Mesmerizing views of Marseille’s seaside unfold along the coastal corniche that stretches 5 km (3.1 miles) south from the Catalans to the Plages du Prado. Actually a trio of beaches, Prado is Marseille’s largest and busiest seaside strip – scorching on weekends and in summer. Join the locals as they relax on the wide pebble beach, kiss as the sun sets, and linger until late over a take-out pizza from one of the trucks parked along the 3.5 km stretch ( 2.2 miles).

The Prado is Marseille’s first playground during the day. Ogle the 1903 marble replica of Michelangelo David, toss a soccer ball across the grassy lawn separating the beach from the busy road, take the kids for a round of mini-golf or to the playground, and flex your muscles at a street workout station. On the water is sailing, sea kayaking and countless other water activities. Watching talented riders throw tricks in Prado’s sacred “bowl” – a world famous skate park – is a mesmerizing moment.

Degaby Island is the best beach of the desert islands

If you’re looking for five-star luxury and paparazzi-free privacy, this uninhabited islet is all yours. It sits off the picturesque port of Malmousque, close to the iconic waterfront restaurants Le Petit Nice Passedat and Le Rhul.

Fort de l’île was built under Louis XIV in 1703, later used to isolate plague victims, and was gifted to music hall star Liane Degaby by her wealthy industrial husband in 1914. on lounge chairs under the shade of an umbrella, swim from the deck, watch fish with a snorkel, and enjoy the thrill of life on a desert island.

The hitch? Degaby Island is the five star private beach Hotel C2 – accessible only to hotel guests. Assuming your budget doesn’t stretch that far, instead compete with the locals for a hotly contested spot on the rocks of Malmousque to lay out your beach towel.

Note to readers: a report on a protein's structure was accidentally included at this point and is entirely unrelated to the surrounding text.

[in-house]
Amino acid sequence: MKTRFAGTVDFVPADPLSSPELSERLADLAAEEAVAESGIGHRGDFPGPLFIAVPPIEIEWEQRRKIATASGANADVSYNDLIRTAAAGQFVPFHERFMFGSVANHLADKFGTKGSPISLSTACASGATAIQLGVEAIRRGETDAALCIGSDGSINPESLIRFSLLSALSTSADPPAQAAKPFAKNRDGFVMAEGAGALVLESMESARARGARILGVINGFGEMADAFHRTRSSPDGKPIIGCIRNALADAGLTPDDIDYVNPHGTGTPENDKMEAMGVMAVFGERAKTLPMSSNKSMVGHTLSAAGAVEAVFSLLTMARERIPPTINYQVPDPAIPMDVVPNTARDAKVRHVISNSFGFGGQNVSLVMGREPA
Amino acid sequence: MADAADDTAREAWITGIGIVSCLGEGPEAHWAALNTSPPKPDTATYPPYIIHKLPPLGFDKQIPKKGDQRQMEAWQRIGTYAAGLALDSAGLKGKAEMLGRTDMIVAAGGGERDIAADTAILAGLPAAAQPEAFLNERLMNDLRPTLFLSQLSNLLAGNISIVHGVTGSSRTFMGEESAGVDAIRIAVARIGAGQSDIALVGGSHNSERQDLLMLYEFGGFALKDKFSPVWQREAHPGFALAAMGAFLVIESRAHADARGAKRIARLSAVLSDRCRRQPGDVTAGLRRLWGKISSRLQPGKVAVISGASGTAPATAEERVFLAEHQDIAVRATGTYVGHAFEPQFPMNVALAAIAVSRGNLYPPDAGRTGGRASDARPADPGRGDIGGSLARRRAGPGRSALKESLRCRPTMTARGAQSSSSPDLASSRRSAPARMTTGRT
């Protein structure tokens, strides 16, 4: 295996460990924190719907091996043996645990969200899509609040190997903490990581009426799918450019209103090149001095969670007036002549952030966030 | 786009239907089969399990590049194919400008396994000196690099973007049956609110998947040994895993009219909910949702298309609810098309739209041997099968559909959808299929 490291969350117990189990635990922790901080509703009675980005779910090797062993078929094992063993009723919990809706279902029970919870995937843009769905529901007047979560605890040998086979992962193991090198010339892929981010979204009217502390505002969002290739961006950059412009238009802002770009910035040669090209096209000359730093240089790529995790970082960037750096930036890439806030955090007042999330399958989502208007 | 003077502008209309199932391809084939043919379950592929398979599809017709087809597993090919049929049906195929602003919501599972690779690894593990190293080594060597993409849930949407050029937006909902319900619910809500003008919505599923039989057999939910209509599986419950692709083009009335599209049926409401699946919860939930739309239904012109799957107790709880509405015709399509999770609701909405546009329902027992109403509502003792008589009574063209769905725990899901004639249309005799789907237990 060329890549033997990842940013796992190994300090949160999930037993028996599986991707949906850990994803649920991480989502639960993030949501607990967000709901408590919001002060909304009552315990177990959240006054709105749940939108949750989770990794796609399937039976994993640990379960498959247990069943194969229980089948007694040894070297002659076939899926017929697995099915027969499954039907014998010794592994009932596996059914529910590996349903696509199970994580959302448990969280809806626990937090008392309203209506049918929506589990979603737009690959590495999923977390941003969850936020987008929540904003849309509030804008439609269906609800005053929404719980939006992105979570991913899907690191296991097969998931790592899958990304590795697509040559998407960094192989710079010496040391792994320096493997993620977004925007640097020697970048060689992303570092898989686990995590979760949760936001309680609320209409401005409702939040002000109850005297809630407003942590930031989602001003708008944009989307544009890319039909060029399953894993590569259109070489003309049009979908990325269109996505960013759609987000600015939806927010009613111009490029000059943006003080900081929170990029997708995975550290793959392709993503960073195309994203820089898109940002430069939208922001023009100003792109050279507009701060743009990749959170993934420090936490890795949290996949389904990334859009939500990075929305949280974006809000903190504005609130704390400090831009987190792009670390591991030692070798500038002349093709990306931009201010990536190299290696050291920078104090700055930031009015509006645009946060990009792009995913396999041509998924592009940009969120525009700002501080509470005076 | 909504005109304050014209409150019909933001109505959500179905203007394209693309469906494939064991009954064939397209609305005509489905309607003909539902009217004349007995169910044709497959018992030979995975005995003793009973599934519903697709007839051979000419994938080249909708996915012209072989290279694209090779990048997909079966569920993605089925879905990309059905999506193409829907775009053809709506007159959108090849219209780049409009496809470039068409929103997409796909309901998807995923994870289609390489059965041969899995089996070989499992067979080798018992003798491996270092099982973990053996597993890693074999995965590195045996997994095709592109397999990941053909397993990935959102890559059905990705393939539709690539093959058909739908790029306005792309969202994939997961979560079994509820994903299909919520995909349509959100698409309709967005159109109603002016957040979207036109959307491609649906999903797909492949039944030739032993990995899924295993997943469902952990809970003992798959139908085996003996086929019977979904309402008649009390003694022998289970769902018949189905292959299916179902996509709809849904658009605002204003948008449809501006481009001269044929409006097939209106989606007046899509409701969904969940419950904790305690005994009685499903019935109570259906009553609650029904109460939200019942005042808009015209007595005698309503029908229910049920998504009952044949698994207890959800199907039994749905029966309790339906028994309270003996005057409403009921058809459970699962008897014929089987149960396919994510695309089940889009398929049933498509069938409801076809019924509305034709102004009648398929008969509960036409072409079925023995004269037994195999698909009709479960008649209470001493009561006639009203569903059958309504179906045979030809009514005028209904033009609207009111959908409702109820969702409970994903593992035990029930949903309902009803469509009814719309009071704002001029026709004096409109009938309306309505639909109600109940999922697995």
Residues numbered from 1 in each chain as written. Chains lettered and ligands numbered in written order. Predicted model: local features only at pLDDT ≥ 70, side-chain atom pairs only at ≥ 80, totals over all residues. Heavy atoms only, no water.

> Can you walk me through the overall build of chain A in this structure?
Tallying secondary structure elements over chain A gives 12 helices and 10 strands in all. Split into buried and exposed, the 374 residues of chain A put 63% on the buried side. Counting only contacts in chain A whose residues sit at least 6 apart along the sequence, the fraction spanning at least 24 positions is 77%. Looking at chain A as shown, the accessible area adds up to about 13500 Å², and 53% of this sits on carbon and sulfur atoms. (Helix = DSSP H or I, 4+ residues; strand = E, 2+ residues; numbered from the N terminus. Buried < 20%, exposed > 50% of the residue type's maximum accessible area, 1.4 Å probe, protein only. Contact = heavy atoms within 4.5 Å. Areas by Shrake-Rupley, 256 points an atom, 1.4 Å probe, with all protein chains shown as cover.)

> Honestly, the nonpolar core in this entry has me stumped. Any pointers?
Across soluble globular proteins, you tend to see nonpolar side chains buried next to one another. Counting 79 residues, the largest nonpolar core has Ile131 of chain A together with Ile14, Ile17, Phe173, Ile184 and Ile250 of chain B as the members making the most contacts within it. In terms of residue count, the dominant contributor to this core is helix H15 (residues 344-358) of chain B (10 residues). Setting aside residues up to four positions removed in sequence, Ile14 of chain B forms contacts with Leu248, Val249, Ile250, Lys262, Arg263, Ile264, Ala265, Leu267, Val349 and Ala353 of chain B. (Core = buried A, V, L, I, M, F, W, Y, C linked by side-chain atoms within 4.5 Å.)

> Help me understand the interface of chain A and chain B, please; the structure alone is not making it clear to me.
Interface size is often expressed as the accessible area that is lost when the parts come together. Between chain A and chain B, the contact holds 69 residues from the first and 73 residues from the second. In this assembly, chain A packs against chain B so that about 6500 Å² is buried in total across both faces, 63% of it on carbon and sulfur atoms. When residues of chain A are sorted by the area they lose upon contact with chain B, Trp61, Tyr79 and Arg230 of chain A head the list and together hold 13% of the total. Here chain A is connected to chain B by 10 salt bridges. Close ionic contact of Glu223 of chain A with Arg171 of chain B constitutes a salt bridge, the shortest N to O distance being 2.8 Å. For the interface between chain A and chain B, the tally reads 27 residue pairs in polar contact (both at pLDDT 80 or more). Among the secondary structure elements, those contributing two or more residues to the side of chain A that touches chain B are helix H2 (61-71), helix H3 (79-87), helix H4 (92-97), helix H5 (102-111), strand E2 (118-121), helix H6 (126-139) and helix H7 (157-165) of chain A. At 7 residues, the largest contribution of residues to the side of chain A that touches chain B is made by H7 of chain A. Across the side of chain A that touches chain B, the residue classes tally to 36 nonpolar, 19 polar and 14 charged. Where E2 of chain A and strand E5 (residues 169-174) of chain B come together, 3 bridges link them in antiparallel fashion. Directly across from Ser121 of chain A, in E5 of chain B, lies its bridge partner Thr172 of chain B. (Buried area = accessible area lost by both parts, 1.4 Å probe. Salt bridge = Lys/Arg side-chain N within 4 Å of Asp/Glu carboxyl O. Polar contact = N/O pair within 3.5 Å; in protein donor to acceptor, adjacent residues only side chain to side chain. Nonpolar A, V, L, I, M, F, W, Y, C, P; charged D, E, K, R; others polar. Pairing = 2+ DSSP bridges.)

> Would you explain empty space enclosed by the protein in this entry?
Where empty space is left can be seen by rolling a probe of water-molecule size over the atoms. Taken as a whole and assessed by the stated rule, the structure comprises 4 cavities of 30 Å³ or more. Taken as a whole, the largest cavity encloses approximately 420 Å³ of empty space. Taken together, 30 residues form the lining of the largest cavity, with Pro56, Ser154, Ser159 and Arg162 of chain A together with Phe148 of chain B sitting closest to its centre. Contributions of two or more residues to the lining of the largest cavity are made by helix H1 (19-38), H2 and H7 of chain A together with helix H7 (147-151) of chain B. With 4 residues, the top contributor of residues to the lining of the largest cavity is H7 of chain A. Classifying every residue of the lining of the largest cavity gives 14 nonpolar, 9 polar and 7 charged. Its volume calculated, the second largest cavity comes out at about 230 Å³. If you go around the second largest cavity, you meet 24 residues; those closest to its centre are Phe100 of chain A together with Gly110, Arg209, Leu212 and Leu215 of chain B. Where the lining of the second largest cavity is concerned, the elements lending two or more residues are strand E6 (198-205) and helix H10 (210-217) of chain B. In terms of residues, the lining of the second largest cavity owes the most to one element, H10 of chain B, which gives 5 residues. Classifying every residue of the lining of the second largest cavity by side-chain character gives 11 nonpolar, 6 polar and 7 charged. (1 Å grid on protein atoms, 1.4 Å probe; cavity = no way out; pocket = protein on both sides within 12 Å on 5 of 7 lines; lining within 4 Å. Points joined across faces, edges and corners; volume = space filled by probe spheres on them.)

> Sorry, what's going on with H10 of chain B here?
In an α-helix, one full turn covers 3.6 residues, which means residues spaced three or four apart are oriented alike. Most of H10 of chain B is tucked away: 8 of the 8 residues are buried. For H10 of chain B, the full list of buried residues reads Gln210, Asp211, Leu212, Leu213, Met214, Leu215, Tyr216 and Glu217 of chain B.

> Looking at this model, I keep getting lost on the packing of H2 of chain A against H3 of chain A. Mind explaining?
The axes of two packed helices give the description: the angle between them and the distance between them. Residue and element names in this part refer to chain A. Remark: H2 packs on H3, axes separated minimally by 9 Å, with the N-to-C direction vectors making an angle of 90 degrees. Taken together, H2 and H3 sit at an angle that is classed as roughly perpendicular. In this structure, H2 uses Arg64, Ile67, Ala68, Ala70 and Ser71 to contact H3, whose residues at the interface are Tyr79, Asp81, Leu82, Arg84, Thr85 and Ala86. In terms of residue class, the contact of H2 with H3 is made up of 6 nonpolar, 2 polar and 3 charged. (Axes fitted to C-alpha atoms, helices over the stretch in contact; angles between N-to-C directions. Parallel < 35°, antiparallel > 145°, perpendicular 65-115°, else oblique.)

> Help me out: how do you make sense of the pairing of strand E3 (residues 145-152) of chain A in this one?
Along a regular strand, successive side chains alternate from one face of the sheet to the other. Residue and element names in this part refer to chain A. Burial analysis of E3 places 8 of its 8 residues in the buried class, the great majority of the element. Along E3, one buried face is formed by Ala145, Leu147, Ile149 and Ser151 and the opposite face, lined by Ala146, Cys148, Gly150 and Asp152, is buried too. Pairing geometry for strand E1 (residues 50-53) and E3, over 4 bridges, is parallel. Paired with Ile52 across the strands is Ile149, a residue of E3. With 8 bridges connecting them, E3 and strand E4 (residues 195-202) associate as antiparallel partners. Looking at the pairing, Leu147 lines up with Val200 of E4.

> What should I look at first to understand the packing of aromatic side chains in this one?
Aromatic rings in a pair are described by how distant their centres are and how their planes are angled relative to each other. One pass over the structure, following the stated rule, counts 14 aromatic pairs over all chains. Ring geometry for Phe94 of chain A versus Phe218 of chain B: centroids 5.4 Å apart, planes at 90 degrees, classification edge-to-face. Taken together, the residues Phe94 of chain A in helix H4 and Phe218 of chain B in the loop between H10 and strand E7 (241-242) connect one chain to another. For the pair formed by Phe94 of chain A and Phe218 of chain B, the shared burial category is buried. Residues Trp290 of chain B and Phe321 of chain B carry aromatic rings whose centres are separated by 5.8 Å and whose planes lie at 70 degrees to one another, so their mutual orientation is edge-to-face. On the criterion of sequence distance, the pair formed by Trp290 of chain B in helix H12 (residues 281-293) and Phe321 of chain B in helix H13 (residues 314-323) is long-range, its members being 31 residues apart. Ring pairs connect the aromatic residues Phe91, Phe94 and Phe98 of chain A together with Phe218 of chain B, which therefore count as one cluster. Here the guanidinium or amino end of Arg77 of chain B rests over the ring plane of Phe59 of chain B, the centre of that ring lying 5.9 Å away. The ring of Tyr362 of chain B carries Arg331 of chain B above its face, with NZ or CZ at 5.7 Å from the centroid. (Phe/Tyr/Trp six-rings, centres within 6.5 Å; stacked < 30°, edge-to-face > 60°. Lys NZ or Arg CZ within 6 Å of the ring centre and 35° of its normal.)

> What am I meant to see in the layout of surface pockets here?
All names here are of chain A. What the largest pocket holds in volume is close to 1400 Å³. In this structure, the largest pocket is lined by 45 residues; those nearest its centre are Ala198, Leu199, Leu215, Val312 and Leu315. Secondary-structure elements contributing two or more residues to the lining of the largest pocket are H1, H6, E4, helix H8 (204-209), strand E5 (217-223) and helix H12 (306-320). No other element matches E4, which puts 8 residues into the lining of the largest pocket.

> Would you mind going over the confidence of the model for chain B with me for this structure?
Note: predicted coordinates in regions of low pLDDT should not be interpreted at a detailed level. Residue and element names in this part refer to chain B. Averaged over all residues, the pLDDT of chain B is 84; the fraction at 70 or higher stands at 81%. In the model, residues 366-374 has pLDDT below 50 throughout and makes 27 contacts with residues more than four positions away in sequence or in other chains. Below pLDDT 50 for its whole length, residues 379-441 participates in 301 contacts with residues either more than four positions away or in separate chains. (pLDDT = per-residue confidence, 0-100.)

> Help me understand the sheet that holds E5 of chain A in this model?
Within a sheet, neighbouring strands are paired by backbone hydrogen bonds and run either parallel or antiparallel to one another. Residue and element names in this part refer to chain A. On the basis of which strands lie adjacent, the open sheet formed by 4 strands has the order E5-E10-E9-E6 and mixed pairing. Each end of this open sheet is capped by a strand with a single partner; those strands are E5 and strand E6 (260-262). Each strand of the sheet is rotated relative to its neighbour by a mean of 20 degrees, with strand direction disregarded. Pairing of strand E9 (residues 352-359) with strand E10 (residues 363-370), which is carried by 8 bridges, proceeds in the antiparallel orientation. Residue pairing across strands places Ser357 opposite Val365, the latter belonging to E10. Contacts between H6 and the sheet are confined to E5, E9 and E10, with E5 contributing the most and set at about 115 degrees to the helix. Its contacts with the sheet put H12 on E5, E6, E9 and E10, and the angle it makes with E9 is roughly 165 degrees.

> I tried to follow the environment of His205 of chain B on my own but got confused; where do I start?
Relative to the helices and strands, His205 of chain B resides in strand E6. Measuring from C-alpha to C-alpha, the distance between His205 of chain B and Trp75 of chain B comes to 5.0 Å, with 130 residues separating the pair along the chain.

People at the beach on the bay of Cap Croisette on a summer afternoon
Accessible only from the restaurant La Baie des Singes, the Plage de la Baie de Singes is the chic spot to chill © EA Photography / Shutterstock

Baie de Singes beach is ideal for beach chic and bouillabaisse

Prepare to be hit. In the charming fishing village of Les Goudes in the 8th, stroll along the strip of quaint cottages on the main street Désirat Pelaprat and continue to Cap Croisette. On this breezy, untamed lunar cape of sun-bleached limestone, crumbling World War II bunkers and clumps of rare Marseille Astragalus (look for white and purple flowers in spring), a narrow path winds through white rocks to to the sea and Monkey Bay.

Nicknamed Plage de Bout du Monde, this sandy beach on a small bay really looks like the end of the world. Accessible only from The Bay of Monkeys restaurant, it’s the chic place to relax with stars on orange lounge chairs, climb on rocks and have lunch with grilled sea bass, langoustine pasta and traditional bouillabaisse, Marseille’s signature fish stew. And the 360 ​​degree views of the Mediterranean are out of this world.

Pointe Rouge beach is ideal for sea walking with a view of the city

Hit this wide beach first and you won’t be the only person on the water, dotted with slow walkers in wetsuits and stand-up paddleboarders enjoying an early morning workout. The sea views of the Frioul islands and the bay of Marseille are incomparable.

At noon, cheap restaurants backing onto the beach and cafes with plastic tables on the sand come into action. Take one tray of fries (fries), slice of pizza or panini smeared with Nutella and join the hoi polloi enjoying a quintessential family day by the sea. Frequent buses and seasonal boat shuttles to the Old Port only add to the popularity of Pointe Rouge beach.

Saint-Estève beach in the Frioul archipelago, Marseille
St-Estève beach in the Frioul archipelago is the perfect place to observe marine life up close © Fabianodp / Shutterstock

St-Estève beach is the best for marine biodiversity and snorkeling

Pack snorkeling gear and a picnic with your swimmers, and sail from Vieux Port to Ratonneau Island (also called Frioul Island) in the Frioul Archipelago. Seabirds and rare plants thrive on this pinprick outcrop, and the beach at St-Estève is the perfect place to observe marine life up close.

The half-sand, half-pebble beach with a cinematic view of the Château d’If is a 20-minute walk from the port where Frioul Si Express boats dock. In summer, its family-friendly Sentier Sous-Marin (underwater trail), marked in shallow waters by five buoys, encourages divers to discover Marseille’s rich native marine life.